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Three months into the new budget cycle finds state leaders still unsure how to spend last year’s surplus, and state coffers are again brimming with tax dollars that have increased by almost 10 percent above first quarter receipts last year and are beating estimates by $323 million.

Department of Revenue Commissioner Christopher Harding announced Wednesday that September tax collections of more than $3.2 billion beat the monthly benchmark by $271 million and were up 13.3 percent from September of last year. The September haul, according to DOR, has left the state with $610 million more than it had after the first quarter of fiscal 2018 (an increase of 9.6 percent), and tax collections are ahead of fiscal 2019 targets for the year by $323 million.

“Revenues for September exceeded the monthly benchmark, mainly driven by estate taxes, which are reflected in the ‘Other’ tax grouping, and by corporate tax payments,” Harding said in a statement. “The department has identified some one-time revenue events that improved September revenue performance, beyond which we see modest growth across most other tax categories, roughly in line with expectations.”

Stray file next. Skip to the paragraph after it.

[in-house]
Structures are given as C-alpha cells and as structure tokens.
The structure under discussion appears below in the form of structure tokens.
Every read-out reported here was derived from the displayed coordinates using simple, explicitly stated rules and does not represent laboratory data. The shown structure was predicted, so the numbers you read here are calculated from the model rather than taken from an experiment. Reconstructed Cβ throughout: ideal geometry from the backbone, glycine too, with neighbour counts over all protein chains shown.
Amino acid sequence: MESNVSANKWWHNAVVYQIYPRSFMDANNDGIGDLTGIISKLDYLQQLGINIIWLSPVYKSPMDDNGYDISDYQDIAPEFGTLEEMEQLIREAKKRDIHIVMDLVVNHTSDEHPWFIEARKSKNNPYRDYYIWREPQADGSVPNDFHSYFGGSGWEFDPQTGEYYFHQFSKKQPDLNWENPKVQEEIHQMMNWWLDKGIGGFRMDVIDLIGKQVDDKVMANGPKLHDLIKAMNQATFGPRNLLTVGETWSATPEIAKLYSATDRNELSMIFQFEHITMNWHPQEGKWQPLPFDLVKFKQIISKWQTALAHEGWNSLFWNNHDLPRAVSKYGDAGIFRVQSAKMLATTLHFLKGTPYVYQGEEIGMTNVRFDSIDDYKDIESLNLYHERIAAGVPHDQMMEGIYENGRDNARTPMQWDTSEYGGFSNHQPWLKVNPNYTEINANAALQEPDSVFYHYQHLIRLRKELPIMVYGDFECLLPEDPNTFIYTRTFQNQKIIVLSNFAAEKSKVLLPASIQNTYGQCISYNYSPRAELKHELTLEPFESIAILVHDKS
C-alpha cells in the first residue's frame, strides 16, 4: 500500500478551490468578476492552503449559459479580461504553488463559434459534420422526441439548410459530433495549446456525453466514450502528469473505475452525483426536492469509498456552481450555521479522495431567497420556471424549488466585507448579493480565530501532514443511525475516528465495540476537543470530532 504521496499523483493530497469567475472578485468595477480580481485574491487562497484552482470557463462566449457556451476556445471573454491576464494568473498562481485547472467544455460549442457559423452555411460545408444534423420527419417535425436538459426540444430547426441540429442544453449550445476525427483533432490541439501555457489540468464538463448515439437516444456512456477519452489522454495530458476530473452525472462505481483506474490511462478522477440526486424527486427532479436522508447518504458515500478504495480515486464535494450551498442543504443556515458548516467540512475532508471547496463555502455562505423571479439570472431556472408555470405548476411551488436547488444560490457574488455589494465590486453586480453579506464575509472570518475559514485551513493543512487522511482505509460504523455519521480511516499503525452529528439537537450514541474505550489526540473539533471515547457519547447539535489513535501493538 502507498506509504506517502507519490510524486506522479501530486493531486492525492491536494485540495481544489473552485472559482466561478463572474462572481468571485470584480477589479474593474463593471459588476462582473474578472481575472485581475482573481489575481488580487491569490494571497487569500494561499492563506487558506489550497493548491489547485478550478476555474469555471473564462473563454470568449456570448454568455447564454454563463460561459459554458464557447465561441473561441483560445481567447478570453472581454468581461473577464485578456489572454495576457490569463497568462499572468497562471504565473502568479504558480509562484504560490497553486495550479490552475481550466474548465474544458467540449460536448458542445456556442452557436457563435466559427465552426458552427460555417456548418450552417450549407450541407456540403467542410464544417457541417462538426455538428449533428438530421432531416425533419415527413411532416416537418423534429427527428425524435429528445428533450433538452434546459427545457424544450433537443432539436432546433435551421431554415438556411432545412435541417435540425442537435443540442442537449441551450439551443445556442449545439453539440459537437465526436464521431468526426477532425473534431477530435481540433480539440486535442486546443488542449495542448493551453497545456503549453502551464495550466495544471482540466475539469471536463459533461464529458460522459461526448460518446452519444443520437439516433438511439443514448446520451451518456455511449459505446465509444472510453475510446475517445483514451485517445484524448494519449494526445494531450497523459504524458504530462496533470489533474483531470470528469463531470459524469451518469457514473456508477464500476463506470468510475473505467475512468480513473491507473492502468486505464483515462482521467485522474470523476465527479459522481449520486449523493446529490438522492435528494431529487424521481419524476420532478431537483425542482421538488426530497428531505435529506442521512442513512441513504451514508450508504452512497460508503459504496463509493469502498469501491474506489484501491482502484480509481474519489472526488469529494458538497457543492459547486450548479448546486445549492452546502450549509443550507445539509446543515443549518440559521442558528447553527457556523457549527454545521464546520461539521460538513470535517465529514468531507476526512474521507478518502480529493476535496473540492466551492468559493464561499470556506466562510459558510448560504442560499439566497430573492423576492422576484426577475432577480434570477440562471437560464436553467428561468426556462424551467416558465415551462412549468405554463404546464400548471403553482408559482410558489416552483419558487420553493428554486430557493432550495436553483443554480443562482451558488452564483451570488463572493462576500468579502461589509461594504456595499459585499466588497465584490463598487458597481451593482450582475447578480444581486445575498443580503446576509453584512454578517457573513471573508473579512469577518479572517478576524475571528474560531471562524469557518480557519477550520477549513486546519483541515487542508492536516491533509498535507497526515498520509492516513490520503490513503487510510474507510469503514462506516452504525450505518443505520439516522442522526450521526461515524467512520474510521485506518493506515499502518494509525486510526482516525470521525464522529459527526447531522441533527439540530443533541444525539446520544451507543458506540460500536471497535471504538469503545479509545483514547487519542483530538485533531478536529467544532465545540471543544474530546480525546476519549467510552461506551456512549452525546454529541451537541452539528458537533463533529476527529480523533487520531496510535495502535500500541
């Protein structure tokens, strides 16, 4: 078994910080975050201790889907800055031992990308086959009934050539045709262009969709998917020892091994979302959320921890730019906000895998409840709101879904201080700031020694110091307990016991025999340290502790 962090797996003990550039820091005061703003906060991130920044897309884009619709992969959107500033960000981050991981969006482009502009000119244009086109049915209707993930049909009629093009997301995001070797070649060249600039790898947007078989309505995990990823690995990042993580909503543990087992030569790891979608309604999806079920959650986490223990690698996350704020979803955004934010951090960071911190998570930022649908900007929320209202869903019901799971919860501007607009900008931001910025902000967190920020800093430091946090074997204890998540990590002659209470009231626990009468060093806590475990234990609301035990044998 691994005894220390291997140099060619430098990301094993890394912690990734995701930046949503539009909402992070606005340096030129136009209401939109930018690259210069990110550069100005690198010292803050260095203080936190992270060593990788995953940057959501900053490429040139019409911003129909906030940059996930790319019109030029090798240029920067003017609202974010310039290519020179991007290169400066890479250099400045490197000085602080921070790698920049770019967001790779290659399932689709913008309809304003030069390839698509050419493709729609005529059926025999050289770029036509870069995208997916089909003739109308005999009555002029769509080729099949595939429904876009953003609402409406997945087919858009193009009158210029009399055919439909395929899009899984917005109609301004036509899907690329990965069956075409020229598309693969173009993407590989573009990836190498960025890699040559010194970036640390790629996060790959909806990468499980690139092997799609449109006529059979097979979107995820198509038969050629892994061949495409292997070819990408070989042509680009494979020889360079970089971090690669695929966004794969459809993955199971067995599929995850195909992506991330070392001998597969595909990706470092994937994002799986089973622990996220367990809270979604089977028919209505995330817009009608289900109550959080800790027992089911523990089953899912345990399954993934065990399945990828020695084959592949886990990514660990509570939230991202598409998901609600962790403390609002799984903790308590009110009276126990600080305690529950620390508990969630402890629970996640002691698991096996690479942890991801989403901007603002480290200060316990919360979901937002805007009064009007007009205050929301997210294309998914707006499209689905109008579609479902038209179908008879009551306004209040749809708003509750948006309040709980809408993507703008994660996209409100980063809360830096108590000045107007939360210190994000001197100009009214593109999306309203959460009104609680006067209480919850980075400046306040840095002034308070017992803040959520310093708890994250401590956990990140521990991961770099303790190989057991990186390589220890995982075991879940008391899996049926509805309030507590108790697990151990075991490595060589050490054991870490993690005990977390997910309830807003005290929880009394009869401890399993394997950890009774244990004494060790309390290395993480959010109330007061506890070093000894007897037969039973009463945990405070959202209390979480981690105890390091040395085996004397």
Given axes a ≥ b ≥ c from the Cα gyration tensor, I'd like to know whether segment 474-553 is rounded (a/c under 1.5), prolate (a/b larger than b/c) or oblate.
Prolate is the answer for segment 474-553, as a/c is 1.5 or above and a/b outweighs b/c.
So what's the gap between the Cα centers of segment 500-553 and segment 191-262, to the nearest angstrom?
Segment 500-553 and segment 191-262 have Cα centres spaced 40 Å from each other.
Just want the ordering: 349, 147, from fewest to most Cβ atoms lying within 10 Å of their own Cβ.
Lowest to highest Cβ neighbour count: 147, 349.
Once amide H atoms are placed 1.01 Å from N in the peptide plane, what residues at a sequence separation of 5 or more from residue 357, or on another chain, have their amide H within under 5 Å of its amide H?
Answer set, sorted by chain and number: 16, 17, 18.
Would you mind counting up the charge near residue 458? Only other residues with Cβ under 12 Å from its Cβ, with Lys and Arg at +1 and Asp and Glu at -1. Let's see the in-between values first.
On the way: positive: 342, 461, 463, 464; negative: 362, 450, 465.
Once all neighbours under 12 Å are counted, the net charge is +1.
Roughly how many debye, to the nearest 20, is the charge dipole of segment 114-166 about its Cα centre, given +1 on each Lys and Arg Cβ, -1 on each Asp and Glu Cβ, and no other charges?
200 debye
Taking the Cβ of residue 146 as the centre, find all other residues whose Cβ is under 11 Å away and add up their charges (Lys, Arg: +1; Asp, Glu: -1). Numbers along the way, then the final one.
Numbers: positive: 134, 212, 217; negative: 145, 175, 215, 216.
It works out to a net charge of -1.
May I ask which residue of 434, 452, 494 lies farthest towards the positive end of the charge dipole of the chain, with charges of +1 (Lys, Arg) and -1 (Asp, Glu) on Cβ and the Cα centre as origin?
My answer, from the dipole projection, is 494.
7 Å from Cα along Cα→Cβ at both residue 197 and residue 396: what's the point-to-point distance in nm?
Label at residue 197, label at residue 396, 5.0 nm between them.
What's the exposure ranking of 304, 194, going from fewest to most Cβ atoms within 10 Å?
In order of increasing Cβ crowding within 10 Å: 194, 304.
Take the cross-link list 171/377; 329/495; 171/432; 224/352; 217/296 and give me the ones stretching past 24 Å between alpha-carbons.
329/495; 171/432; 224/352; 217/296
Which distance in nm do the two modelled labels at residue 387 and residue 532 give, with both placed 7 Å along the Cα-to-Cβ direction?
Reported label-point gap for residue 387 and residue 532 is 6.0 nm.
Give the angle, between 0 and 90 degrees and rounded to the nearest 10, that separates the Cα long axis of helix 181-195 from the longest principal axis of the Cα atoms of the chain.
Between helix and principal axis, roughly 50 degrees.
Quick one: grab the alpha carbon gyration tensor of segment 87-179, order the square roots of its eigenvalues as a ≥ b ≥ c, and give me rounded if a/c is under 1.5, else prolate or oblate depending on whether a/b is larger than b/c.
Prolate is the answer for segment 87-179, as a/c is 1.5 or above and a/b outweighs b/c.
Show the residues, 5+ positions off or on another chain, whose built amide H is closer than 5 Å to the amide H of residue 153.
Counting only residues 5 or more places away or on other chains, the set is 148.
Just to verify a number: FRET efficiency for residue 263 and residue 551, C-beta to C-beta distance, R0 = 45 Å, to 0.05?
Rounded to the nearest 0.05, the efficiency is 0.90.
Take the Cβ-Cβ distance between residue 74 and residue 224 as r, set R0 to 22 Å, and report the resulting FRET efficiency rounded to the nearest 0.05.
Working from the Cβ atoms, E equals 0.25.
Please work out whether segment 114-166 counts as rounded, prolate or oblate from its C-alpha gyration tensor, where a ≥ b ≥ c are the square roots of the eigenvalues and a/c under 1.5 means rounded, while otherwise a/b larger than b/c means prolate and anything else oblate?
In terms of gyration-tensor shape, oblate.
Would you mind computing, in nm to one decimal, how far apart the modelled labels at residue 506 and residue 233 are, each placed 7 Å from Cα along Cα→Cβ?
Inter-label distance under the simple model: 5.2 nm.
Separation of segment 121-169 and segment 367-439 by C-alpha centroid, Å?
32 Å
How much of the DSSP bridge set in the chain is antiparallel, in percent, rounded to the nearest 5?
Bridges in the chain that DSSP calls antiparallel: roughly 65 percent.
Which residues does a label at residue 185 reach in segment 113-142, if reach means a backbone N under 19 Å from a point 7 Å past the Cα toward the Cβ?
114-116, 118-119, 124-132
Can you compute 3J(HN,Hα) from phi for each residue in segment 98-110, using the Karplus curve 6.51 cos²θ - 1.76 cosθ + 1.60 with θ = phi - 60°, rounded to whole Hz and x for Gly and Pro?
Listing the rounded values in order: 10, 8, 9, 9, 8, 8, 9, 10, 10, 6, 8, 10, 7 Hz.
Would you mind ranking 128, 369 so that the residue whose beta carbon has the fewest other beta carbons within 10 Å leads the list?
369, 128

Withholding and sales collections were close to benchmark, both falling just shy of estimates by just $8 million and $2 million respectively. Corporate and business taxes, however, were $98 million above the monthly target and income taxes were $46 million above benchmark.

The department said the September sales tax figures, which were up 3.4 percent or $18 million from last year, reflected the impact of the sales tax holiday weekend in August. The benchmark, however, was calculated before the holiday was authorized.

A full report on the revenue impact of this year’s sales tax holiday will be completed by December, DOR said. The “other” category accounted for $324 million in taxes paid in September, which was $129 million or 66.2 percent higher than the benchmark and 62.8 percent higher than the same month last year.

Corporate, Estate Taxes Drive Big September Tax Haul

by State House News Service time to read: 1 min